TRL8 - Technology is proven to work - Actual technology completed and qualified through test and demonstration.

TRL9 - Actual application of technology is in its final form - Technology proven through successful operations.



CRL1 - Knowledge of applications, use-cases, & market constraints is limited and incidental, or has yet to be obtained at all.

CRL2 - A cursory familiarity with potential applications, markets, and existing competitive technologies/products exists.  Market research is derived primarily from secondary sources.   Product ideas based on the new technology may exist, but are speculative and unvalidated.

CRL3 - A more developed understanding of potential applications, technology use-cases, market requirements/constraints, and a familiarity with competitive technologies and products allows for initial consideration of the technology as product.  One or more “strawman” product hypotheses are created, and may be iteratively refined based on data from further technology and market analysis.  Commercialization analysis incorporates a stronger dependence on primary research and considers not only current market realities but also expected future requirements.

CRL4 - A primary product hypothesis is identified and refined through additional technology-product-market analysis and discussions with potential customers and/or users.  Mapping technology/product attributes against market needs highlights a clear value proposition.  A basic cost-performance model is created to support the value proposition and provide initial insight into design trade-offs.  Basic competitive analysis is carried out to illustrate unique features and advantages of technology.  Potential suppliers, partners, and customers are identified and mapped in an initial value-chain analysis.  Any certification or regulatory requirements for product or process are identified.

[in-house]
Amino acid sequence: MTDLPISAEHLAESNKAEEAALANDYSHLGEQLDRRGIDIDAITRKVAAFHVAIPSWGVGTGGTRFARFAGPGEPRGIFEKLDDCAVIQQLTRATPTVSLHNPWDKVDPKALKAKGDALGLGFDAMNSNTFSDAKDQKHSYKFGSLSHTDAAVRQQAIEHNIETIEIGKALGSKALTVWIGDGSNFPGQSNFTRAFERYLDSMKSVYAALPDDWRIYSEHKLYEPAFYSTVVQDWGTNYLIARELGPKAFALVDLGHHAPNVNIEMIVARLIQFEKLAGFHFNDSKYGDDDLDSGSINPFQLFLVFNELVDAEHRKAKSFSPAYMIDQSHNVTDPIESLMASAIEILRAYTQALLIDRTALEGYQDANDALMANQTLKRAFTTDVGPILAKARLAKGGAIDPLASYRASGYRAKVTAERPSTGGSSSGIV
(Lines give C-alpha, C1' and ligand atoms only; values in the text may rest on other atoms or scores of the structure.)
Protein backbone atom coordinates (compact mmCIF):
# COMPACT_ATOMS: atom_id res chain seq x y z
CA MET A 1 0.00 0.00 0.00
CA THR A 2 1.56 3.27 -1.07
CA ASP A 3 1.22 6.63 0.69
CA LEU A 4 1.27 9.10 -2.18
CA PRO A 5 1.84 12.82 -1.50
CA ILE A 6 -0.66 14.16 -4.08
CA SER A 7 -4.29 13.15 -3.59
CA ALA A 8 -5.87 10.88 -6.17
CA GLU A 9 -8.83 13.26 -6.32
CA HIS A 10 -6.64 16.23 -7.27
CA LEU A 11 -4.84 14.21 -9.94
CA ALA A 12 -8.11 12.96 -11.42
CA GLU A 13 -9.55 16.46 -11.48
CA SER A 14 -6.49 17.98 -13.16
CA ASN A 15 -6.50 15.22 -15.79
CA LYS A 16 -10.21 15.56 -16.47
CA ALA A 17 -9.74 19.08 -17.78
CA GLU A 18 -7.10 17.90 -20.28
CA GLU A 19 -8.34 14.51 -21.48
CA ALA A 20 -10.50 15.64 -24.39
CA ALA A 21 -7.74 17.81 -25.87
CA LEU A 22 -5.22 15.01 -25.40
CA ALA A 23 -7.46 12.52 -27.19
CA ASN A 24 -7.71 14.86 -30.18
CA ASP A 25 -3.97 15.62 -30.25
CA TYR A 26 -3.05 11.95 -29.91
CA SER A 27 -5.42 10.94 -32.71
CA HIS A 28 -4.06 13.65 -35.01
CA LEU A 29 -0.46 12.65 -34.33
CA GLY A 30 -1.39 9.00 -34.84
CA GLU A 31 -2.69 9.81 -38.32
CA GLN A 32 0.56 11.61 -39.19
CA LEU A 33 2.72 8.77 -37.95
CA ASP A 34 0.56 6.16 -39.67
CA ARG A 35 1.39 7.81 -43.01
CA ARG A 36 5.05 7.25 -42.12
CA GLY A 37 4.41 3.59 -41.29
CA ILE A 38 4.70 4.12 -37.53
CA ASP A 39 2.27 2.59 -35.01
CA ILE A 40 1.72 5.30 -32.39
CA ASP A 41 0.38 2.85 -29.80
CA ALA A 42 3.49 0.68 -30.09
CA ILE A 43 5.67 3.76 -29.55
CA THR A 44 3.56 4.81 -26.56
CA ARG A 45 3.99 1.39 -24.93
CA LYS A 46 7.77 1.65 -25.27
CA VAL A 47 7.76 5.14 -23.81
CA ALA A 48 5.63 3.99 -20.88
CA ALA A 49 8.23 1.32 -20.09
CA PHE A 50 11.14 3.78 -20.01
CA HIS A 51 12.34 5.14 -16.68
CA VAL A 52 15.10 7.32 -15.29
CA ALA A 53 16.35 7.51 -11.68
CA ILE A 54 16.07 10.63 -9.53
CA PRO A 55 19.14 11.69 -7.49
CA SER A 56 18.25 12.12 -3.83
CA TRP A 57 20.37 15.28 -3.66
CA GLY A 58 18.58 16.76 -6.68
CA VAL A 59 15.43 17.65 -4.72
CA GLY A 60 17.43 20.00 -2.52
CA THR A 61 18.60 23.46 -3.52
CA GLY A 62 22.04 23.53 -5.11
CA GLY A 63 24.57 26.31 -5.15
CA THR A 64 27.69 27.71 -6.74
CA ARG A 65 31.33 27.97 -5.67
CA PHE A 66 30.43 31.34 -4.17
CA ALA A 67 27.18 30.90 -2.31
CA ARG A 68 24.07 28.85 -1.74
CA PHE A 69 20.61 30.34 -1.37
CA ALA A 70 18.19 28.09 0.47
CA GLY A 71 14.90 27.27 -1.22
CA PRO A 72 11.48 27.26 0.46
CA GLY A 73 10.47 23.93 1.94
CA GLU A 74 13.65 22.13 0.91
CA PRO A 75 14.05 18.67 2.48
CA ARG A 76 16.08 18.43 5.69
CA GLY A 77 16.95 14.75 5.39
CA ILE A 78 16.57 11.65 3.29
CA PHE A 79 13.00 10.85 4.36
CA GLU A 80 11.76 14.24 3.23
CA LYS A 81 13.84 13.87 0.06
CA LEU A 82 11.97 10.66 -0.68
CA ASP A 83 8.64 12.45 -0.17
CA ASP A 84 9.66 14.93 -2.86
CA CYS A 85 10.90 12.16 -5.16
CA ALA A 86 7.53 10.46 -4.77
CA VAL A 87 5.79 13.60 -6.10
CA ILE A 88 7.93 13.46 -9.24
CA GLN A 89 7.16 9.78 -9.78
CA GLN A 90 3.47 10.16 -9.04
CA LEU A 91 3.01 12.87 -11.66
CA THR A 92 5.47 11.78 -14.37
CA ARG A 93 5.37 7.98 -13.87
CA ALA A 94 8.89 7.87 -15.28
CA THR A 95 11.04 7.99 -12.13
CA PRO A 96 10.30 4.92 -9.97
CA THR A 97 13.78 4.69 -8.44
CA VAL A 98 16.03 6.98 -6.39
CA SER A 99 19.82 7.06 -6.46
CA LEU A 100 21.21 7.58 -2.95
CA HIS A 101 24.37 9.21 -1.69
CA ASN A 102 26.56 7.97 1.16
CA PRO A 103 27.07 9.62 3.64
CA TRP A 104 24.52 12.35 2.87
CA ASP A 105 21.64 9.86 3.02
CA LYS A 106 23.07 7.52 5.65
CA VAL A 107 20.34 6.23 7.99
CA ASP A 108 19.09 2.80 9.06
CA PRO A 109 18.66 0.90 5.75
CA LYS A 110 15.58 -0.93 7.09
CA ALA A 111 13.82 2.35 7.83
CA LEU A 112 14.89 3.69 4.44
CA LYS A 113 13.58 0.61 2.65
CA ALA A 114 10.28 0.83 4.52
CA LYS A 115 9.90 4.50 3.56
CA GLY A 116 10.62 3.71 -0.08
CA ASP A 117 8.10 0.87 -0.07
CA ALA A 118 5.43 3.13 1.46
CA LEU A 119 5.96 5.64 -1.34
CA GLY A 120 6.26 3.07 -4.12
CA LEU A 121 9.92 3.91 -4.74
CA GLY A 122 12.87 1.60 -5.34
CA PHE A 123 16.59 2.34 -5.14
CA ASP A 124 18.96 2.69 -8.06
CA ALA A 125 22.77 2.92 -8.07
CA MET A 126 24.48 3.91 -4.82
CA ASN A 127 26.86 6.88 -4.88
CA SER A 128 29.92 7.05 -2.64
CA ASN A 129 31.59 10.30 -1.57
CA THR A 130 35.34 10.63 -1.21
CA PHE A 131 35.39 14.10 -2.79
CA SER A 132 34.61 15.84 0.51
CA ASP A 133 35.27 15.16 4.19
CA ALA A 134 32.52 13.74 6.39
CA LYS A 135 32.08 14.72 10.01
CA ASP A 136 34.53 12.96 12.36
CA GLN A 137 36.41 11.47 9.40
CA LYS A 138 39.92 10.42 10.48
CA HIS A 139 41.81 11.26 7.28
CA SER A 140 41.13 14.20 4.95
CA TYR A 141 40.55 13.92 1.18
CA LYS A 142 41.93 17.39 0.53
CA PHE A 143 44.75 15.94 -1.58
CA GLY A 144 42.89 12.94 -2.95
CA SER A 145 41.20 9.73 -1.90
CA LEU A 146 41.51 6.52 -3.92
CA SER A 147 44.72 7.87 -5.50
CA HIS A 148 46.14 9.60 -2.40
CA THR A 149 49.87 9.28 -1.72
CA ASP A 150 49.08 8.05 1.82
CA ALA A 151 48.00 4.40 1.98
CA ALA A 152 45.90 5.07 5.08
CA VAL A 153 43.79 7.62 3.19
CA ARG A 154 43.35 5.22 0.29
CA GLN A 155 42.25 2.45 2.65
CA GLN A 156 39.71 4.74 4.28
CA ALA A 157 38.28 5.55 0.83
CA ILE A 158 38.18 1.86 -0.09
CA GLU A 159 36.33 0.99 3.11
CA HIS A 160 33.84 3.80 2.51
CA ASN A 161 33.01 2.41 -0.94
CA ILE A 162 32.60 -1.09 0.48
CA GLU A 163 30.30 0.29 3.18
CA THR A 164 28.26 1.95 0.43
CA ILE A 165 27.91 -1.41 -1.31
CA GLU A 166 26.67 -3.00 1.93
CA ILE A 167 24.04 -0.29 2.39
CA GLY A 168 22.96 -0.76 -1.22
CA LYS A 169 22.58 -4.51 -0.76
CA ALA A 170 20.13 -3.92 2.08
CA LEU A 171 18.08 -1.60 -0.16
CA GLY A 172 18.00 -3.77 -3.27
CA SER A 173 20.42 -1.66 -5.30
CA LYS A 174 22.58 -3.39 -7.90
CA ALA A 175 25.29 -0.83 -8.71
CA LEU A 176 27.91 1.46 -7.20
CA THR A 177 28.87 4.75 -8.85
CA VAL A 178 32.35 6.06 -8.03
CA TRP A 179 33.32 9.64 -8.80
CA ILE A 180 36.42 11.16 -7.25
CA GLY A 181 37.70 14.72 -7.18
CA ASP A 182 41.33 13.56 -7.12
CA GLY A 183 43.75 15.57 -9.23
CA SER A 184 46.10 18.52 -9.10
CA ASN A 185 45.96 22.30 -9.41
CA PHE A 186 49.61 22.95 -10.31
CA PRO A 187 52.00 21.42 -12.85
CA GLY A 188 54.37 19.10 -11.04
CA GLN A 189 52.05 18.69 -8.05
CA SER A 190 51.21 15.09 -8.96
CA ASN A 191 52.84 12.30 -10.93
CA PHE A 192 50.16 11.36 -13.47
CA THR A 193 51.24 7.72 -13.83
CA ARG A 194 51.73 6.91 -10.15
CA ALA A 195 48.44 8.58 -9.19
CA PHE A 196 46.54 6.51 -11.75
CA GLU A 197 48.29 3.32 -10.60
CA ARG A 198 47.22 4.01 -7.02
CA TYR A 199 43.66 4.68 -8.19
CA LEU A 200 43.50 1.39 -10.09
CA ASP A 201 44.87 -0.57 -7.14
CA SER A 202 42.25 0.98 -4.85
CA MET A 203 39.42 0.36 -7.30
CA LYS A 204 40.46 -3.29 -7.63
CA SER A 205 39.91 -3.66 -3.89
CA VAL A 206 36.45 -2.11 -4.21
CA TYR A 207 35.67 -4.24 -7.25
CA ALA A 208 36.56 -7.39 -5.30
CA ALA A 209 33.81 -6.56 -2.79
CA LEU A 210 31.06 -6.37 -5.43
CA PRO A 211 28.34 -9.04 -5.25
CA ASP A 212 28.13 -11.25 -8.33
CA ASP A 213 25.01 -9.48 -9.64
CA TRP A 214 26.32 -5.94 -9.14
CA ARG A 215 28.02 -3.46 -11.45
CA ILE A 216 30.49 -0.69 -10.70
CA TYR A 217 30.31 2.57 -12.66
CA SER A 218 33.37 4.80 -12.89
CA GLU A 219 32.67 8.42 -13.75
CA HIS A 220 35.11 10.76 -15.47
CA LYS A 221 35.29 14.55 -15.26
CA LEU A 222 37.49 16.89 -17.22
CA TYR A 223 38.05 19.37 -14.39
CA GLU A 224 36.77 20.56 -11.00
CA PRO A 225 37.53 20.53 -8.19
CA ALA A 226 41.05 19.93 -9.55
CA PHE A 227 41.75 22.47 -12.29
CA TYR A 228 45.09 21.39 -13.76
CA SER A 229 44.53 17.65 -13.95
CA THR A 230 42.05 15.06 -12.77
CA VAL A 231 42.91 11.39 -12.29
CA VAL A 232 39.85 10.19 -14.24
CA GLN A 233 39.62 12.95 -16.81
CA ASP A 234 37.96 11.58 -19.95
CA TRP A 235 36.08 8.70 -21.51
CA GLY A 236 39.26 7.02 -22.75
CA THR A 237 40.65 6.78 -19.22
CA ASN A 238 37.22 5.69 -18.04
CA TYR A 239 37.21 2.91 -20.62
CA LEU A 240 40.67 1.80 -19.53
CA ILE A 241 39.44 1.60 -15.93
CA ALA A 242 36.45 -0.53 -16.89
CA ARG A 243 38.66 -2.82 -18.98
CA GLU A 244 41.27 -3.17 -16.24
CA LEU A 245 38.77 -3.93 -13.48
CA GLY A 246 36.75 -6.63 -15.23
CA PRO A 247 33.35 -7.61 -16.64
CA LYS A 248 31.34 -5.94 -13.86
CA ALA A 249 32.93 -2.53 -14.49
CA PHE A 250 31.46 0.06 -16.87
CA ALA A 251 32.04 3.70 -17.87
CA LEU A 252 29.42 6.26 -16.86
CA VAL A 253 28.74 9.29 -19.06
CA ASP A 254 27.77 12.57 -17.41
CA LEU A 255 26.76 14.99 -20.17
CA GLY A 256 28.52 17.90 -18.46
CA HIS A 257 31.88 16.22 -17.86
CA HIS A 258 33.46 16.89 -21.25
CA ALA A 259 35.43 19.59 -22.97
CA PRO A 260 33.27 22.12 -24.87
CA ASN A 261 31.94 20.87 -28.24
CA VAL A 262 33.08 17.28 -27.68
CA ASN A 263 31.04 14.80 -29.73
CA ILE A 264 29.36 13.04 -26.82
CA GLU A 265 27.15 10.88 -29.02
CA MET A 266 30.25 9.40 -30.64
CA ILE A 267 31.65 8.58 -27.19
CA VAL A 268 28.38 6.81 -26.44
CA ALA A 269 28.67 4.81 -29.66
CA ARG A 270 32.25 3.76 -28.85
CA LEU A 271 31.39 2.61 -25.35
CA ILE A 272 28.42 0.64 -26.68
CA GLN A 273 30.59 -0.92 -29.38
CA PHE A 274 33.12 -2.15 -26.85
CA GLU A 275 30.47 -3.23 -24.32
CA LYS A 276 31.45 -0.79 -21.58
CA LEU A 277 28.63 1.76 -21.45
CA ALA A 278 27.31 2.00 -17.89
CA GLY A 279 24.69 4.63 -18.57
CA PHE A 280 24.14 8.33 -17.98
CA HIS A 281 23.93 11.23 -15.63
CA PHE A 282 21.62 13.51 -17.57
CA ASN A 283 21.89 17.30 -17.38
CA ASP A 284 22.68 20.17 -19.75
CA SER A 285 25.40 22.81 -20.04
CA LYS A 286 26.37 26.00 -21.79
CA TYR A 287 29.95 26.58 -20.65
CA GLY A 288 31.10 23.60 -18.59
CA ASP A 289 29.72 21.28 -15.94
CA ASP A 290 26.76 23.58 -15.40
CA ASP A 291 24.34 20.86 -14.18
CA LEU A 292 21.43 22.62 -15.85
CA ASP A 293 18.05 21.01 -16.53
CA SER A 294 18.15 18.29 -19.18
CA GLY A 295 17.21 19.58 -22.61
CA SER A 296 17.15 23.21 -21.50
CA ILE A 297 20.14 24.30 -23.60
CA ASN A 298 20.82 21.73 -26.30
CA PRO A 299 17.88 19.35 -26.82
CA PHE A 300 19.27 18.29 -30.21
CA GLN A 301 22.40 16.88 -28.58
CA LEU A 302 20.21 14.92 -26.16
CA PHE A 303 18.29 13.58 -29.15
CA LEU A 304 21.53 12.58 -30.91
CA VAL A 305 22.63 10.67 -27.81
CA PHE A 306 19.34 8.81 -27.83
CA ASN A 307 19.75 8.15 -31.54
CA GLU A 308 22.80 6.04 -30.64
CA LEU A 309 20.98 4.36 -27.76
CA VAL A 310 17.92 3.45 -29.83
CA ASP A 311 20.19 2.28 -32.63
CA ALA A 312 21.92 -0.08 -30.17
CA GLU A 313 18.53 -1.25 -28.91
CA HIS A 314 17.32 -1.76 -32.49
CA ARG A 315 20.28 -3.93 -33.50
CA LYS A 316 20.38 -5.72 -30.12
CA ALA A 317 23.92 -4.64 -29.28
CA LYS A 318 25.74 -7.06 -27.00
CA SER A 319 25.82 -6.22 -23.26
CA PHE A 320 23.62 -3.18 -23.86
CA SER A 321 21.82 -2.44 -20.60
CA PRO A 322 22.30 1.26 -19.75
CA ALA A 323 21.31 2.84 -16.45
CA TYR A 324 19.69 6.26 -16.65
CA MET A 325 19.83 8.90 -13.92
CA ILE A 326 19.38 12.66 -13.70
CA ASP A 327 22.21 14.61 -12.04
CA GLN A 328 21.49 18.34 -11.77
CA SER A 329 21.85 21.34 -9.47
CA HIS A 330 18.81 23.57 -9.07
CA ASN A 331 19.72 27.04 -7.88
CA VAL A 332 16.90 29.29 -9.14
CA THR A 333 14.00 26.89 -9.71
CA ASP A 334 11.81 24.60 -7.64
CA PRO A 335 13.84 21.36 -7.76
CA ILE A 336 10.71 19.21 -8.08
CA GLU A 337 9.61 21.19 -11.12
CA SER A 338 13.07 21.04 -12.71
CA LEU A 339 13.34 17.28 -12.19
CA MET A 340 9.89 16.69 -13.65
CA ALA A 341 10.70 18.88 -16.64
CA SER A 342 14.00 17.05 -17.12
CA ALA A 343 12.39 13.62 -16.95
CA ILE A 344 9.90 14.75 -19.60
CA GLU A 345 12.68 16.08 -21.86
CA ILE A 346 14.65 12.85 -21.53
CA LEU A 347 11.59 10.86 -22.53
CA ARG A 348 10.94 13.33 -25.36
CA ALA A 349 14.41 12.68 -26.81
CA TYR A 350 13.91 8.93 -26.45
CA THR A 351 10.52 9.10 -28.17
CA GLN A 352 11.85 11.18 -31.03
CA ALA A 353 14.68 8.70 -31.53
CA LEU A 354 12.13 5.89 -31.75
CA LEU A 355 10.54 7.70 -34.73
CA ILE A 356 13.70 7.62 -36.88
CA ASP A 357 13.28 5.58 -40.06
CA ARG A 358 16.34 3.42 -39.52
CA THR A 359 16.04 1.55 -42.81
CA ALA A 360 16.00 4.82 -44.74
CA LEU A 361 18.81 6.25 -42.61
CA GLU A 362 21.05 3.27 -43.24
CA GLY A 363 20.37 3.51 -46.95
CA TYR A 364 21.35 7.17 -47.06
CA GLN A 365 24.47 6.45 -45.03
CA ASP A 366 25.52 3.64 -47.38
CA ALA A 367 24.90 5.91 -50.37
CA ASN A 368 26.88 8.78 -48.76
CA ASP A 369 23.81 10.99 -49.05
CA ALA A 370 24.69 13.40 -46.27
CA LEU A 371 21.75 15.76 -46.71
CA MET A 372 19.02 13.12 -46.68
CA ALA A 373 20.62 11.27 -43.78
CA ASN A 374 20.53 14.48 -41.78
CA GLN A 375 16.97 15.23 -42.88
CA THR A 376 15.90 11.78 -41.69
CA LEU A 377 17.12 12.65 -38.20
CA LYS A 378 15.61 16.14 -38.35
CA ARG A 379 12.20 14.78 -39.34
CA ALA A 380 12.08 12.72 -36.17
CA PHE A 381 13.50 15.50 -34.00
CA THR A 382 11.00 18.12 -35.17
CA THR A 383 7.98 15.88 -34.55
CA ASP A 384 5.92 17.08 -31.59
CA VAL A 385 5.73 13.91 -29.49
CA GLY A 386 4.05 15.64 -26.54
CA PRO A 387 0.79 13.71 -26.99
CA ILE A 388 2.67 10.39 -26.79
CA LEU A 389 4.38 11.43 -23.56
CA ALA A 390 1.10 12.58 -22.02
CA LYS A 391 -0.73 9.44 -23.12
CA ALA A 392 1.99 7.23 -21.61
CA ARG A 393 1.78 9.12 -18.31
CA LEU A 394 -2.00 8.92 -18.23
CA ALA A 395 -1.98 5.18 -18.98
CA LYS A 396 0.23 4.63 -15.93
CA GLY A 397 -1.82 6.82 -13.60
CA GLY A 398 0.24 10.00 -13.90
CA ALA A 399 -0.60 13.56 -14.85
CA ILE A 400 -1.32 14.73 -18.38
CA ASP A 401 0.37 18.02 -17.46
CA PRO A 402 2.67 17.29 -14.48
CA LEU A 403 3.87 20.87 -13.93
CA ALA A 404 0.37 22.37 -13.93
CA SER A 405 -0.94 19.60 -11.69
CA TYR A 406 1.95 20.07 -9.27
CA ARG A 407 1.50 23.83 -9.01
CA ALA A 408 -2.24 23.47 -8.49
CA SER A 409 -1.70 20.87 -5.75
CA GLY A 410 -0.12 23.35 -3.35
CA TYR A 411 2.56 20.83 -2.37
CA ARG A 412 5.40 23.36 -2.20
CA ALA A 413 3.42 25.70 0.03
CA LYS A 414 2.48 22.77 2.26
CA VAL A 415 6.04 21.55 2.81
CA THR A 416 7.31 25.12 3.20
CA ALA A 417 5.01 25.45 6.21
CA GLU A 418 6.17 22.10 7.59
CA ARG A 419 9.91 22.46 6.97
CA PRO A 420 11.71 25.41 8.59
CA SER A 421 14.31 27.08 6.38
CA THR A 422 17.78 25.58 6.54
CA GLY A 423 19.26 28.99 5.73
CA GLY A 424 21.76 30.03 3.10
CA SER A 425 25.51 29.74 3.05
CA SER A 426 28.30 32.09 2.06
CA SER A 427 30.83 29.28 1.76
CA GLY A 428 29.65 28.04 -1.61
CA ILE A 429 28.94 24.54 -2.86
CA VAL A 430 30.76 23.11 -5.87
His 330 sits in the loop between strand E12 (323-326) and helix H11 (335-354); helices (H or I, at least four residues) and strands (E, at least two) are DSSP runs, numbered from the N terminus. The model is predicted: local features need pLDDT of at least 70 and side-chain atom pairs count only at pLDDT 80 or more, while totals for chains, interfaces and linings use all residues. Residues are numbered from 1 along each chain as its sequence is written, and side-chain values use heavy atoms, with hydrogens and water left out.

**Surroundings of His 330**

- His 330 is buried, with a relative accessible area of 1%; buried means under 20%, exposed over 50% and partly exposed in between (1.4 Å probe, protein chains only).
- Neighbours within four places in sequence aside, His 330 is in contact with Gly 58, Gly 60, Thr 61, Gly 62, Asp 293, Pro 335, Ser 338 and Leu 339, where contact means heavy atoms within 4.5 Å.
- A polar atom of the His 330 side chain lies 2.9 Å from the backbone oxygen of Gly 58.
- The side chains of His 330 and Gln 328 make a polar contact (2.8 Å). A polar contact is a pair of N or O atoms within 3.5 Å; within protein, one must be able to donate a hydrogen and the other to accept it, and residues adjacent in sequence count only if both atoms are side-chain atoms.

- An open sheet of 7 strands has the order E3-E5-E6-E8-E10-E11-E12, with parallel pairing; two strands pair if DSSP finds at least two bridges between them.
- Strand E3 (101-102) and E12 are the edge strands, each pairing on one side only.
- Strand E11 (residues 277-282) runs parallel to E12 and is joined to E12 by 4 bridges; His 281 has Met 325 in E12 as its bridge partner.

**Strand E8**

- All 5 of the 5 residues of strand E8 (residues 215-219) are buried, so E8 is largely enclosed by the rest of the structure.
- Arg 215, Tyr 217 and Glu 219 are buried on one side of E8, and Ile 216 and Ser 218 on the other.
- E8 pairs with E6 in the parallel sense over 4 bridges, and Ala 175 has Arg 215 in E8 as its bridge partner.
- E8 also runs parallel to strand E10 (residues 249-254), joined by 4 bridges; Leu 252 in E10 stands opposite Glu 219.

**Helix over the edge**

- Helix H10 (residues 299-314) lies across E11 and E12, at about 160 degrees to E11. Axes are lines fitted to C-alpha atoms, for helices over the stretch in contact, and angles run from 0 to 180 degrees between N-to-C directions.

CRL5 - A deep understanding of the target application and market is achieved, and the product is defined.  A comprehensive cost-performance model is created to further validate the value proposition and provide a detailed understanding of product design trade-offs.  Relationships are established with potential suppliers, partners, and customers, all of whom are now engaged in providing input on market requirements and product definition.  A comprehensive competitive analysis is carried out.  A basic financial model is built with initial projections for near- and long-term sales, costs, revenue, margins, etc.

CRL6 - Market/customer needs and how those translate to product needs are defined and documented (e.g. in market and product requirements documents).  Product design optimization is carried out considering detailed market and product requirements, cost/performance trade-offs, manufacturing trade-offs, etc.   Partnerships are formed with key stakeholders across the value chain (e.g. suppliers, partners, customers).  All certification and regulatory requirements for the product are well understood and appropriate steps for compliance are underway.  Financial models continue to be refined.

CRL7 - Product design is complete.  Supply and customer agreements are in place, and all stakeholders are engaged in product/process qualifications.  All necessary certifications and/or regulatory compliance for product and production operations are accommodated.  Comprehensive financial models and projections have been built and validated for early stage and late stage production. 

CRL8 - Customer qualifications are complete, and initial products are manufactured and sold.  Commercialization readiness continues to mature to support larger scale production and sales.  Assumptions are continually and iteratively validated to accommodate market dynamics. 

CRL9 - Widespread deployment is achieved.